How To Get Rid Of Warts

Although common and usually completely harmless, having warts appear on the body can be a deeply unpleasant experience. Per Harvard Health Publishing, warts occur on the body when skin cells grow faster than normal after being infected with the human papillomavirus, otherwise known as HPV. They tend to have a raised, rough surface and often grow on the hands and soles of the feet. 

Although warts usually go away on their own, some can lead to body pain, especially when walking and exercising. Therefore, some people might be keen to get rid of their warts as quickly a possible. Thankfully, there are some effective treatments out there and you can find some of the very best below. 

Per the NHS, a wide range of creams, bandages, and sprays can be purchased over the counter to help treat warts. However, it could take several months before you see any results with these kinds of treatments, and some may lead to skin irritation and not always work. 

If you're unsure of which over the counter treatment to try first, a good starting point is salicylic acid. The treatment can be applied directly to the skin in liquid, gel, and patch form, and is generally low in cost with very few side effects.

Here's when you should see a doctor for your warts

According to Harvard Health Publishing, some other methods of removing warts include freezing, otherwise known as cryotherapy. This form of treatment involves a clinician applying liquid nitrogen to the wart. Although it can be effective, cryotherapy usually requires three or four treatments every two to three weeks.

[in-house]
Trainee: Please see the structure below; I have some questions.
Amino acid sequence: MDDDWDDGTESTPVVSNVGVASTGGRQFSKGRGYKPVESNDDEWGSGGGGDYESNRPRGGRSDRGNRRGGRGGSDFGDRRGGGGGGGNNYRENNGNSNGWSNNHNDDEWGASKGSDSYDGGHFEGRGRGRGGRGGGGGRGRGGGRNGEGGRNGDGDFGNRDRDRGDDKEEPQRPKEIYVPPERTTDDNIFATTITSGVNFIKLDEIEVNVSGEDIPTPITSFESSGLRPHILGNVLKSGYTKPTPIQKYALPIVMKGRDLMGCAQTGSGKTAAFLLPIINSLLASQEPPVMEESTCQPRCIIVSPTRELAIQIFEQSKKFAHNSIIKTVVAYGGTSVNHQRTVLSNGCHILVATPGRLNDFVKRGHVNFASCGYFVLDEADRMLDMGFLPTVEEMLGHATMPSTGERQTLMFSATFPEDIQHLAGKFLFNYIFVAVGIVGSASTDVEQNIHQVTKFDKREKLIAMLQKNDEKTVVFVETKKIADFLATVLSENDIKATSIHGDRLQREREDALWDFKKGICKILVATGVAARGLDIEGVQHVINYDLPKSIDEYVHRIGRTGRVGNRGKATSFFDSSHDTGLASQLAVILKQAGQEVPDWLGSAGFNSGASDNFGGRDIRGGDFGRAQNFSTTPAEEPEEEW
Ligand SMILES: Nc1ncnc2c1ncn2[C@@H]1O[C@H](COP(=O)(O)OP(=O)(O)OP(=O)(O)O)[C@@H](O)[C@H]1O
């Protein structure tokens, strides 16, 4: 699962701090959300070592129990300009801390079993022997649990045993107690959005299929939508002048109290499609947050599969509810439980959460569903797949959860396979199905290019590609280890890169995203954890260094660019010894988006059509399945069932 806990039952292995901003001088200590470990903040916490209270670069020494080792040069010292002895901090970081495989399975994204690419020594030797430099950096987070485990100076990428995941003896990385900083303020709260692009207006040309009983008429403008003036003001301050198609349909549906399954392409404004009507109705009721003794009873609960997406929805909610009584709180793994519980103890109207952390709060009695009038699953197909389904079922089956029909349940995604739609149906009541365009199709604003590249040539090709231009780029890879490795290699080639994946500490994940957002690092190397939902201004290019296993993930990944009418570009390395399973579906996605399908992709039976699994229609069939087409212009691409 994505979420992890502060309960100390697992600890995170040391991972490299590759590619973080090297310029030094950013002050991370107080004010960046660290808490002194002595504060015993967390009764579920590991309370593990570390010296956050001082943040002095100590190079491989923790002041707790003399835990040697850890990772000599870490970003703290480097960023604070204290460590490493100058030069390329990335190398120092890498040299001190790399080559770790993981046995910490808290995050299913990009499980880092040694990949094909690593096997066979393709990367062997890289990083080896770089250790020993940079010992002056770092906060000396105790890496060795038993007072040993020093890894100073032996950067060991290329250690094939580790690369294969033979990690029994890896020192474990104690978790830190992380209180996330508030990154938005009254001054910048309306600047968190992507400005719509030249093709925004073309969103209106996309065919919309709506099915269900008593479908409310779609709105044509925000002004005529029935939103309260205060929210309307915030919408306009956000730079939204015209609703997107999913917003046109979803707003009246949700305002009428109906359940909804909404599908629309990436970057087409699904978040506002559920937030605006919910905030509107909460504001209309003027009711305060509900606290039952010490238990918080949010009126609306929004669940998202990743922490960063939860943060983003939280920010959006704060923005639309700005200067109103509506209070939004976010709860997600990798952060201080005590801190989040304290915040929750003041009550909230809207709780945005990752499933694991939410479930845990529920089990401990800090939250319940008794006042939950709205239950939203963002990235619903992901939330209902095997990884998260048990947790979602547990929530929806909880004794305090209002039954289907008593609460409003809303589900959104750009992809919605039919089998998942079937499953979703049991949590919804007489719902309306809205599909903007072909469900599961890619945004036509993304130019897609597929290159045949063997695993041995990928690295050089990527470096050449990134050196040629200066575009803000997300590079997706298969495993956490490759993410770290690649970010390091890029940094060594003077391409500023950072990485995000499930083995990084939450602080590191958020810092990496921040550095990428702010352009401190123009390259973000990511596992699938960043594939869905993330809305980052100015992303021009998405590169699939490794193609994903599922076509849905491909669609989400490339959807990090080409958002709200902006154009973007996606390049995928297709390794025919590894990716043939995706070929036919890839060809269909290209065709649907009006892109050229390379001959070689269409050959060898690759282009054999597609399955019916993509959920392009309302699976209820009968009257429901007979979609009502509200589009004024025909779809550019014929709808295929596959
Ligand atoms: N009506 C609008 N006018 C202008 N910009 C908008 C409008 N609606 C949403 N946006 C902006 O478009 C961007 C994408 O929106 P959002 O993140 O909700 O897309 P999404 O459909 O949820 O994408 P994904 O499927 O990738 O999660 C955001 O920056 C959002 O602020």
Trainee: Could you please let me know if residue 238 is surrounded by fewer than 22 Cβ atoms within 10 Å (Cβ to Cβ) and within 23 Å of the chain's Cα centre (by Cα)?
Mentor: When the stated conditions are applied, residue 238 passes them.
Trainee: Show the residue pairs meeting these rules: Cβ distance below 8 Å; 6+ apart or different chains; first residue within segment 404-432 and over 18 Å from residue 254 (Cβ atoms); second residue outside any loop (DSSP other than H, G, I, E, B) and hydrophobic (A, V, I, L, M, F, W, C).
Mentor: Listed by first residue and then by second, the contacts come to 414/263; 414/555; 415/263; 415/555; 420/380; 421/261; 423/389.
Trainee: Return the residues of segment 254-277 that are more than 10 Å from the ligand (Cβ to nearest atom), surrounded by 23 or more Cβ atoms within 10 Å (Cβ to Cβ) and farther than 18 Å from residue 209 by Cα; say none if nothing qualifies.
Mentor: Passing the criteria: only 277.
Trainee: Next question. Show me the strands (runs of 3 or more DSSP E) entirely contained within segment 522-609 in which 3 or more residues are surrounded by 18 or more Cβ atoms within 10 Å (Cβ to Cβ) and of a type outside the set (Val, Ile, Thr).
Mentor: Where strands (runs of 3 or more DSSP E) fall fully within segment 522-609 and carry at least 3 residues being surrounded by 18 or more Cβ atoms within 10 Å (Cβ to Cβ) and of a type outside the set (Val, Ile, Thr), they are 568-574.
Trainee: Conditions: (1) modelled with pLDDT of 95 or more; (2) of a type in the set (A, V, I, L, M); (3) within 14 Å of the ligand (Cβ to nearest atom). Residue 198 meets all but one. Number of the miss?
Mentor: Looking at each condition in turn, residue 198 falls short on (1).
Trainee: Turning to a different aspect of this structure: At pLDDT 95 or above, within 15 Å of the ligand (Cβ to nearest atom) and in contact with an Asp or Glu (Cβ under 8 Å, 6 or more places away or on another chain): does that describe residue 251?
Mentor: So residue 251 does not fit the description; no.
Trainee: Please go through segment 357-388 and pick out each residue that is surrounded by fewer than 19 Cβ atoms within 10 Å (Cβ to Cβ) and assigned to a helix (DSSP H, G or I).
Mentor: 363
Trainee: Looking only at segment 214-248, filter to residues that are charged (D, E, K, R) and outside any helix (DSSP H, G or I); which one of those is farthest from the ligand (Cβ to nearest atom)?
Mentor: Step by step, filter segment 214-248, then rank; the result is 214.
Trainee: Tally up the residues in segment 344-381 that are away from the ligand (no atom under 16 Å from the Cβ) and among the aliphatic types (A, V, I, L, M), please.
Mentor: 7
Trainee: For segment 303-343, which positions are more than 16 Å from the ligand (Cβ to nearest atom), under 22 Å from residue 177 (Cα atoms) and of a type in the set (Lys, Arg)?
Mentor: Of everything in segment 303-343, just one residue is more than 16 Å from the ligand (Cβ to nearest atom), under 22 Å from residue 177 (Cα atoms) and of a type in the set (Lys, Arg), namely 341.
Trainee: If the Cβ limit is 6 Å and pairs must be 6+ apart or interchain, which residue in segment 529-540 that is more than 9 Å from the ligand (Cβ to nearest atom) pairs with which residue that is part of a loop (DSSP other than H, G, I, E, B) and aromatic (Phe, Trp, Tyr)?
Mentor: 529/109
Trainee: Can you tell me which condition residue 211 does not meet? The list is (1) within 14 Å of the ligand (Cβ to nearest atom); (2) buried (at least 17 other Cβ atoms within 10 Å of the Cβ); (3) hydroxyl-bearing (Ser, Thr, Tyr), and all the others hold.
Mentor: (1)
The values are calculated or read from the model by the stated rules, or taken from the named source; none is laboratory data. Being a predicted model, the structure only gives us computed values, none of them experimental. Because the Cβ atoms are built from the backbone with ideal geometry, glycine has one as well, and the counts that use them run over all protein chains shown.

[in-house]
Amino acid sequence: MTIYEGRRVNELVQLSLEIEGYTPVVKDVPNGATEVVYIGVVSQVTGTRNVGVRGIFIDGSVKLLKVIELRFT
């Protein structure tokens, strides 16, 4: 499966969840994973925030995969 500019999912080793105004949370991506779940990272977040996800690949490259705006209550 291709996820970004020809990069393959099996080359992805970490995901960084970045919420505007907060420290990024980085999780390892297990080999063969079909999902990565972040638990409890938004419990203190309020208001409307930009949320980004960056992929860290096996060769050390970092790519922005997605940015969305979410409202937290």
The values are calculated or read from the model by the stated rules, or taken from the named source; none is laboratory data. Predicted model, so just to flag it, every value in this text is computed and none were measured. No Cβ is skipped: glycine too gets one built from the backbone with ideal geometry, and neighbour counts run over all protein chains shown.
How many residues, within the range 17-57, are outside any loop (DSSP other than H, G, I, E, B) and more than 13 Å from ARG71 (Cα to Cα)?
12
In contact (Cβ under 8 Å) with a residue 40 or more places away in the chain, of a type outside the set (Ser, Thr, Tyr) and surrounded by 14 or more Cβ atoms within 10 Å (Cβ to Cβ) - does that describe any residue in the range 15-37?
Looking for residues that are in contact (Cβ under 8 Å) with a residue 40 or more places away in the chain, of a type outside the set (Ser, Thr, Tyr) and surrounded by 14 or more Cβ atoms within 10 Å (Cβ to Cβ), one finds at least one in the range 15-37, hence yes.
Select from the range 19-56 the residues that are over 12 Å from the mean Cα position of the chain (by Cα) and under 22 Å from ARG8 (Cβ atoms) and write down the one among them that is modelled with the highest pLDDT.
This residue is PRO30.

Another way to get rid of your warts includes wearing duct tape over the affected area for up to six days. However, research of the effectiveness of this particular method has been mixed. Another method known as Electrodesiccation and curettage, which involves a clinician drying the wart with an electric needle and scraping it away, is also deemed an effective way of removing warts from the body.

According to the NHS, it is advised you should seek medical help for your wart if it is persistent and keeps coming back despite treatments, if you are experiencing pain in the affected area, if the wart begins to bleed or changes in its appearance, or if you notice warts growing on your face or genitals.